Nigeria has made progress since its return to democracy in 1999. But a political system crippled by corruption and dogged by ethnic tensions threatens to derail the country from its path toward good governance.
Nigerians have begun voting in two sets of elections closely watched for signs of the fitness of their democracy. Early indications are discouraging.
“For policymakers everywhere, Nigeria should be the central African question. No country’s fate is so decisive for the continent. No other country across a range of issues has the power so thoroughly to shape outcomes elsewhere in sub-Saharan Africa. If Nigeria works well, so might Africa. If the democratic experiment in Nigeria stalls, and development and governance stagnate, the rest of Africa suffers and loses hope,” concludes a new Council Special Report.
This report describes what steps might be taken by Nigerians and the international community to avoid a breakdown of democracy, and possibly stability, in the wake of Nigeria’s April 2007 electoral contest and to tackle Nigeria’s fundamental challenges of governance, security, and development in the longer term.
Oil piped through the swamps and creeks of the Niger Delta powers Nigeria’s economy, but ecological devastation and pervasive poverty are stirring political unrest.
Backgrounder: MEND has gained global notoriety by disrupting oil supplies in the Niger Delta.
Nigeria has the potential to make great strides in its own development, but it must first overcome some difficult obstacles, including rampant violence in the oil-rich Niger Delta.
In a continent where despotism often wins the day, the Nigerian Senate's vote to reject a constitutional amendment that would have allowed President Olusegun Obasanjo to run for a third term of office is notable - even more so since Obasanjo has decided to abide by it.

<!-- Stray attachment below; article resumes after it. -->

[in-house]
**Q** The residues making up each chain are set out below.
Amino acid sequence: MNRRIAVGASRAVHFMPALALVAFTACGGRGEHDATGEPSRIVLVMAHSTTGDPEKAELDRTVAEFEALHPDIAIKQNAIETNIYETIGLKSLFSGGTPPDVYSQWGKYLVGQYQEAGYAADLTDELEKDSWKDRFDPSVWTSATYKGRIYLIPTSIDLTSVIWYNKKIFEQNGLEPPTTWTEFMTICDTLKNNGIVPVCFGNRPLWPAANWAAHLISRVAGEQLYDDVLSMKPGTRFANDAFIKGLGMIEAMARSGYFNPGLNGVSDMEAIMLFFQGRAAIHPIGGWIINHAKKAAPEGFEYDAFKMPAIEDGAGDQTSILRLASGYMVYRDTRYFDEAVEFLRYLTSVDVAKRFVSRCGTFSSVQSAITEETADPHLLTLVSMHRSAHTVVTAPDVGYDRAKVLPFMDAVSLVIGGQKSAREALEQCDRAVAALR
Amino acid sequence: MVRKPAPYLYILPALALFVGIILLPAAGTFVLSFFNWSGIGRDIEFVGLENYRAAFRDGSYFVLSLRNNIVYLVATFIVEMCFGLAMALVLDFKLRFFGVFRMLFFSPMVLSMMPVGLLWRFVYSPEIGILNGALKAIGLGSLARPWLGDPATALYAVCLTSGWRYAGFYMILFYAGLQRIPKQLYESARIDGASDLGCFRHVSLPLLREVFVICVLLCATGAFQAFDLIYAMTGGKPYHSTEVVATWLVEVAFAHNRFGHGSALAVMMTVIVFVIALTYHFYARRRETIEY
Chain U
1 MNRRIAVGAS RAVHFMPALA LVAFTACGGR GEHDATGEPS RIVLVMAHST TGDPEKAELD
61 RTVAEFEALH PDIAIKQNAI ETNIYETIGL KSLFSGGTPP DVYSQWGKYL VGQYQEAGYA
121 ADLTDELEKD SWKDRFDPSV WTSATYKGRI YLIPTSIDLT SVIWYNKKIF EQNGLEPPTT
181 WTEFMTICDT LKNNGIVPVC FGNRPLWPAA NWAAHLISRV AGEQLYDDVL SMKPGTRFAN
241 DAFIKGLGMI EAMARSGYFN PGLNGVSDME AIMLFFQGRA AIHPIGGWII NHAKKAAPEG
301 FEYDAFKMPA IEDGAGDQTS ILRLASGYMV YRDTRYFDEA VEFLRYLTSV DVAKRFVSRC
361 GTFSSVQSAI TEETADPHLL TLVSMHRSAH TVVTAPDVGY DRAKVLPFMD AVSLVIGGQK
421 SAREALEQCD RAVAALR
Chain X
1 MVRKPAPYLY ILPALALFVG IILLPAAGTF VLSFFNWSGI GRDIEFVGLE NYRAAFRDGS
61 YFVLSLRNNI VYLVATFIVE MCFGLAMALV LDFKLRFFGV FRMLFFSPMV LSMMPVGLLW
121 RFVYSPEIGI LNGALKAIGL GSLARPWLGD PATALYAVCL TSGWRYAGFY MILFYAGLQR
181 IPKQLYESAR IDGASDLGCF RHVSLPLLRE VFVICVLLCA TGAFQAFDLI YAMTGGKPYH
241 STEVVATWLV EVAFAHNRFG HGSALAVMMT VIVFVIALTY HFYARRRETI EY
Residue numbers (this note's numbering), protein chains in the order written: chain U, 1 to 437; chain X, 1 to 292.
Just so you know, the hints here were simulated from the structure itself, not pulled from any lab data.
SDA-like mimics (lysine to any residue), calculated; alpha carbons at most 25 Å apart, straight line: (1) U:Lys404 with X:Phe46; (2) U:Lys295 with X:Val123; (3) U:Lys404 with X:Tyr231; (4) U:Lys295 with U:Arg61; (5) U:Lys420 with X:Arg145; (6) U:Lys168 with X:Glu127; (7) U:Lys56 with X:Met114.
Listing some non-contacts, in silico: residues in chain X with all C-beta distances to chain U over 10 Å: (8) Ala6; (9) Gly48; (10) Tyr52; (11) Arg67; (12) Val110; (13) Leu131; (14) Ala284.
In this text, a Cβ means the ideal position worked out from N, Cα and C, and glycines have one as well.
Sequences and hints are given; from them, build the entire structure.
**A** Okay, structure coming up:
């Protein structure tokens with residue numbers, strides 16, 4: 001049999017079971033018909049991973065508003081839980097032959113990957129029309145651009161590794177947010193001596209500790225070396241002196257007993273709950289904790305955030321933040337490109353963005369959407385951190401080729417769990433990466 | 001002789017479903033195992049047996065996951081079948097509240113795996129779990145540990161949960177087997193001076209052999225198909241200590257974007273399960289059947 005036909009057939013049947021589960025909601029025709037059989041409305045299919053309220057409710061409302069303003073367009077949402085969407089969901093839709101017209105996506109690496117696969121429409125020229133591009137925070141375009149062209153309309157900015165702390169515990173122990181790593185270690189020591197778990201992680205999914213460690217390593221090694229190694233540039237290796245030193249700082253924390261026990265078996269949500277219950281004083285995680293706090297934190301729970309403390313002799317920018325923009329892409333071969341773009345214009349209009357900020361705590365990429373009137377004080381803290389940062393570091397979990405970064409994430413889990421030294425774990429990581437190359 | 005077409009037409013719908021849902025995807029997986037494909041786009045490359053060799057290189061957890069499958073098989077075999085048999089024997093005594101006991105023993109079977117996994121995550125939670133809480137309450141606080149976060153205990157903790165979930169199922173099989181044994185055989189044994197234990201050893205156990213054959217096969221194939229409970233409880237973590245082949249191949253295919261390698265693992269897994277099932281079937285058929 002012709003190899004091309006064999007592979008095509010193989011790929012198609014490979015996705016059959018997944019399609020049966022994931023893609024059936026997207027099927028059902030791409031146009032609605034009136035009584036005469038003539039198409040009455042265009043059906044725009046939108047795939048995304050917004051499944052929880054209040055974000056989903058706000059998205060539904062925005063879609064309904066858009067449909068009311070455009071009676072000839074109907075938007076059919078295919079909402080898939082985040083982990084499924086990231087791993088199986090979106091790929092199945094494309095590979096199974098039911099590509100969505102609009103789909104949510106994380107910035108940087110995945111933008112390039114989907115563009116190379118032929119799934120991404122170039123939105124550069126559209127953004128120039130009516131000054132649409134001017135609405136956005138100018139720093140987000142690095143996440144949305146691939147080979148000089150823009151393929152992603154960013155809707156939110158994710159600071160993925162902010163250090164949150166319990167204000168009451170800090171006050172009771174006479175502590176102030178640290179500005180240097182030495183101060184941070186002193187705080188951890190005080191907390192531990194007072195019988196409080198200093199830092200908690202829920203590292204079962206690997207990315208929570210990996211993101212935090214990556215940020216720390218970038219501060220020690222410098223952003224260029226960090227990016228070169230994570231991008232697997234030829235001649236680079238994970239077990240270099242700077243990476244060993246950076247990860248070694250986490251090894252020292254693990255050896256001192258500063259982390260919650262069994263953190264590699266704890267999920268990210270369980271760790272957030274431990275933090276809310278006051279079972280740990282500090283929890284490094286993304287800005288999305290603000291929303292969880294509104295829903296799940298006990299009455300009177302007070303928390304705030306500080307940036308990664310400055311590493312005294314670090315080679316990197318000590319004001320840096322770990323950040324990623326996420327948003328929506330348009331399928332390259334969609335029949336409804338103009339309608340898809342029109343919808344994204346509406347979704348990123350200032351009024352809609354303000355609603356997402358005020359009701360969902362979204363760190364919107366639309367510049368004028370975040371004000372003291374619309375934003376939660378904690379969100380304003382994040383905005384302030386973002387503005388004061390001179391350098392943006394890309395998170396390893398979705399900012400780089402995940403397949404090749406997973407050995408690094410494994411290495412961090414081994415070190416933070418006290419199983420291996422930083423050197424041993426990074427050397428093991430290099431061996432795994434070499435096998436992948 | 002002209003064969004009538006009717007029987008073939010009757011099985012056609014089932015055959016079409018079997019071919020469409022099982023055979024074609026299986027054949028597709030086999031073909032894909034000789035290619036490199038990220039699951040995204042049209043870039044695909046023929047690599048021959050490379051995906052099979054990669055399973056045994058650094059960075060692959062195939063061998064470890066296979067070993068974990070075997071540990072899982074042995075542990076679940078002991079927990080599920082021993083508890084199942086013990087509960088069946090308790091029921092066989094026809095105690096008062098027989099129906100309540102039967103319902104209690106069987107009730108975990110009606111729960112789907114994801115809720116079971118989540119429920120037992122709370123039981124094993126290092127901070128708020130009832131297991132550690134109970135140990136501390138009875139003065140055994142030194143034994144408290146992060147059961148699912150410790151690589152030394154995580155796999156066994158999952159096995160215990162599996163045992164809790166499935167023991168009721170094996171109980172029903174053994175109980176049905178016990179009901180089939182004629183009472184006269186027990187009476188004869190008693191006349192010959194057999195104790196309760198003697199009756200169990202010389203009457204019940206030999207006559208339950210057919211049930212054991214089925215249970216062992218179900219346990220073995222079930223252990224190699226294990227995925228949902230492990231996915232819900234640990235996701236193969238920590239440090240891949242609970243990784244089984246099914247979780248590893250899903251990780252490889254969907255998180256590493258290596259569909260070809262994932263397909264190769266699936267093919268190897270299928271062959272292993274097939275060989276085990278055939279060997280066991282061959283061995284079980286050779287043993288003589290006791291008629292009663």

Nigeria’s political temperature continues to rise as moves to alter the constitution to extend presidential term limits stir protests across the country. The country is already beset by sectarian violence and ongoing clashes with militants in the oil-rich Niger Delta region.
Backgrounder: Ongoing sectarian troubles and corruption threaten Nigeria's future security.
Hauwa Ibrahim, a human rights lawyer, discussed the constitutionality of Shariah in Nigeria and her experiences defending Nigerian women in Shariah courts in the country.
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To investigate Nigeria and consider various strategies to meet iproblems the country is currently facing, the Council on Foreign Relations' Center for Preventive Action (CPA) established a working group on Nigeria.
The authors argue that it is essential to begin working now to expand and establish rules and norms governing armed drones, thereby creating standards of behavior that other countries will be more likely to follow.
The author examines Pakistan's complex role in U.S. foreign policy and advocates for a two-pronged approach that works to quarantine threats while integrating Pakistan into the broader U.S. agenda in Asia.
The authors assess the political, security, and economic challenges facing U.S. policymakers in Afghanistan and evaluate a range of policy options.
Maximalist finds lessons in the past that anticipate and clarify our chaotic present, revealing the history of U.S. foreign policy in an unexpected new light. More
This clear and authoritative book presents a sweeping account of China's global resource quest and the unrivaled expansion of its economy. More
The story of the tragic and often tormented relationship between the United States and Pakistan, and a call to prepare for the worst, aim for the best, and avoid past mistakes. More